According to an IMRG report from February 2015, visits to ecommerce sites via smartphone and tablet devices account for 45% of all ecommerce traffic in the UK. In fact, visits to retail websites via mobile devices have recently overtaken desktop traffic for the first time.
The latest generation of smartphones and tablets (especially the iPhone and iPad and the rapidly increasing range of Android devices) now offer a user experience that is far superior to anything that was available before and this is helping to drive the trend. The number of smartphone users worldwide will surpass 2 billion in 2016, according to new figures from eMarketer, representing over a quarter of the global population.
But while mobile devices are becoming more popular in general, customers are also showing that they like to switch between different purchase channels depending on where they are and what they happen to be doing.
So, for example, some people may go online on their PC at lunchtime at work to do some basic research, look for reviews on comparison websites, compare prices and maybe check opinions on social media, but then when they do finally decide to buy, they may do it on their iPad at home one evening while watching television.
On the one hand, having so many channels is great for retailers as it increases the number of ways that people can spend their money, but the down side is that it also makes it a lot easier for customers to switch between vendors, forcing businesses to look more closely at their customer retention strategies. And as we all know, retaining a customer costs a lot less than acquiring a new one.
So companies are looking for solutions that persuade existing customers to become repeat buyers because one customer purchasing regularly twice a month is far better than one brand new customer who has bought once and is maybe undecided about doing it again from the same place.
Part of a company’s customer retention strategy should be giving customers what they want, when they want it and with the minimum of fuss. Sounds obvious I know, but you’d be surprised how many retailers struggle to create a consistent and customer-centric experience across all their channels.
And that’s where predictive analytics comes in because it was developed out of a need to personalise customer experiences on desktop and mobile platforms. Predictive analytics can extract information from both structured and unstructured data, look for trends and behaviour patterns and then use it to predict likely activities. Data analytics has always been important of course, but it has often failed to answer the question ‘how can analytics be used to increase sales?’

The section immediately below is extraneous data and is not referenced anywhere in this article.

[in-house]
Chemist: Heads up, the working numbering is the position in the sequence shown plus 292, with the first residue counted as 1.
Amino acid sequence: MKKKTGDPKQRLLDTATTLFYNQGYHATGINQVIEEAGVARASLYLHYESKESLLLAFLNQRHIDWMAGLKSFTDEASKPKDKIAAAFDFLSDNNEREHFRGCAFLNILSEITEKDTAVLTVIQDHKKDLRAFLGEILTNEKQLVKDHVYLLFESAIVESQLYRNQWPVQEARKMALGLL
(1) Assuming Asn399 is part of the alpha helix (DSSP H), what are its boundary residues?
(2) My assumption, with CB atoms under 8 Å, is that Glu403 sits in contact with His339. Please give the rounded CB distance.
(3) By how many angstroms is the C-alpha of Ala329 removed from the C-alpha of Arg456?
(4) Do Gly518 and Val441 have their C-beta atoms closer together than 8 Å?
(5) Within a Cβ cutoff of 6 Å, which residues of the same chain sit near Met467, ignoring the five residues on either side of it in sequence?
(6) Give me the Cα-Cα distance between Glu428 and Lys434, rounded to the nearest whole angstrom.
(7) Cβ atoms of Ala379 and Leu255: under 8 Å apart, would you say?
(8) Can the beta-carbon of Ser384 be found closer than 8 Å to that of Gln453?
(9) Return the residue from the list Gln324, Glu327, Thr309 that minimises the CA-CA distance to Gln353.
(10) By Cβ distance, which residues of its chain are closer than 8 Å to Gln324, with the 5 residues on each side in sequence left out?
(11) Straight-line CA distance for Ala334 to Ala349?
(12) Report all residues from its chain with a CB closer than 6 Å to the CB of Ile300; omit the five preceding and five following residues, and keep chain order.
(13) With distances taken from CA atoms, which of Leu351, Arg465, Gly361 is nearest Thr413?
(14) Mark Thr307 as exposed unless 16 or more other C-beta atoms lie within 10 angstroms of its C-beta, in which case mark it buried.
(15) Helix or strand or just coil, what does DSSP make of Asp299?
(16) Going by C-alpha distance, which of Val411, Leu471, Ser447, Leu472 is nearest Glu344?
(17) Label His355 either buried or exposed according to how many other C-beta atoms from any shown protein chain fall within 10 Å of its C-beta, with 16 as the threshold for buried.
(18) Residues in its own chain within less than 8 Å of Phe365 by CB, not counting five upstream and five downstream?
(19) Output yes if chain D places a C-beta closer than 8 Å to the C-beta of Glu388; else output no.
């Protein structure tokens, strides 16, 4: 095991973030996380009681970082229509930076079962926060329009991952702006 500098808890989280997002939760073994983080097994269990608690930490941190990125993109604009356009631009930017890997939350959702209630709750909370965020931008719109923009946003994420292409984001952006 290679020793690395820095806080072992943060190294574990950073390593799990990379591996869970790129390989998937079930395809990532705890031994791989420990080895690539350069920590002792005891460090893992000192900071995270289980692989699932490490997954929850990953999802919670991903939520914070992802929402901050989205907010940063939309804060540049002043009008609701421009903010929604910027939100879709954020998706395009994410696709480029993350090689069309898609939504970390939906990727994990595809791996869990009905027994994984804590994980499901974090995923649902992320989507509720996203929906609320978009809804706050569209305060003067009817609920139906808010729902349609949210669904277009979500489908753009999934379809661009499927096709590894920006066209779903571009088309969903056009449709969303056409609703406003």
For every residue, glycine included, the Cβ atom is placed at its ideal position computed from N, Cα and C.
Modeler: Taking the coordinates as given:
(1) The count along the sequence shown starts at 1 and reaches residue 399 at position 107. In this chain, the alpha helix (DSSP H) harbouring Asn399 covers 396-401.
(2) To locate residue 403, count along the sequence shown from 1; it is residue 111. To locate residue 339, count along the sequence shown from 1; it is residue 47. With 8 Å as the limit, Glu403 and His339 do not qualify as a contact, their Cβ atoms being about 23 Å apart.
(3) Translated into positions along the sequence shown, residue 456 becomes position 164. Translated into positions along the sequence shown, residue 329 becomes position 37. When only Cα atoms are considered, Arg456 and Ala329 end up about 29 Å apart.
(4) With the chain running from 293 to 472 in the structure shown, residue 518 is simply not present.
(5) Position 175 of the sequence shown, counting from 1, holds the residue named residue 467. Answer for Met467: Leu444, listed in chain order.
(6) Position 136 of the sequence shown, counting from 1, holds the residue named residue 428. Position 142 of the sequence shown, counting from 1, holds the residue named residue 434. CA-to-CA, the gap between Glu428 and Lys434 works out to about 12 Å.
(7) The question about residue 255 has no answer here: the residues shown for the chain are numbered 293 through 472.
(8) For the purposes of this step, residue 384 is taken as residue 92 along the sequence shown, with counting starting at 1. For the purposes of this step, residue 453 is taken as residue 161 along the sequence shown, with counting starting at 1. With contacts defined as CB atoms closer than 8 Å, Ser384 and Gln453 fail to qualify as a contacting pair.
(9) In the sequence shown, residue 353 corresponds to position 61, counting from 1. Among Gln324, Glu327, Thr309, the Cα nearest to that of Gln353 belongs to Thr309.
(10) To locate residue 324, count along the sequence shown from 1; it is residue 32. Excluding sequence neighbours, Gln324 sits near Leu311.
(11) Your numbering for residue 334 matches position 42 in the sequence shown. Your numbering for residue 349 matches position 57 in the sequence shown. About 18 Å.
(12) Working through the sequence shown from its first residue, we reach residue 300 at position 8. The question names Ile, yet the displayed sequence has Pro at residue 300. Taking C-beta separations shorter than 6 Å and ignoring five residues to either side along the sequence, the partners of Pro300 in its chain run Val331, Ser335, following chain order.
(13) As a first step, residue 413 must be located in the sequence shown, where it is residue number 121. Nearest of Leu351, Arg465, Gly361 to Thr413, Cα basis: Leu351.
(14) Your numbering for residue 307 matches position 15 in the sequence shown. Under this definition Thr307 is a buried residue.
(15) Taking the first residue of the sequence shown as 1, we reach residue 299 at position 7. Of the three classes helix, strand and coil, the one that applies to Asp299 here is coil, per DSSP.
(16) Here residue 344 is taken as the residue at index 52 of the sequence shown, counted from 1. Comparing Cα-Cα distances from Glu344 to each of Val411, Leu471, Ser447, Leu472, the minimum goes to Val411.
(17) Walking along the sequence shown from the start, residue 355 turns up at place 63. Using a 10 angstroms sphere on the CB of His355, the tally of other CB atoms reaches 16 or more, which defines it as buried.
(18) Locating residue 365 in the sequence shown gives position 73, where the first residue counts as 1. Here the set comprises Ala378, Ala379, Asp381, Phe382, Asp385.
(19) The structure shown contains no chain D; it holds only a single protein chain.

Wouldn’t it be great to put these two trends together – the growth in mobile ecommerce and the growth in predictive analytics – to create a set of apps and tools that enabled companies to enhance their existing mobile solution with predictive, omnichannel experiences?
Anything that can help you develop a 360º view of your customer and optimise their behaviour and preferences every time they interact with your company can only be a good thing.
Then when a customer needs to escalate from the mobile app to a Customer Service Representative (CSR), they can call or chat (via mobile chat) from within the app knowing that their context – that is, their past browsing or purchasing history, preferences and so on - will have already been made available to the agent. The agent will also be able ‘guess’ what their query might be, based on where the customer is in the customer journey. So pre-sale queries might include questions about the weight and material of the product, while post-sale queries might include how to use the product or how to return it.
This sort of approach is a win-win for both sides. The customer will receive a quicker, more efficient service, with the minimum of effort, while at the same time, the company will have more satisfied and loyal customers who are less likely to switch to competitors plus a more cost efficient operation because of the reduction in human agents and the increase in self-service.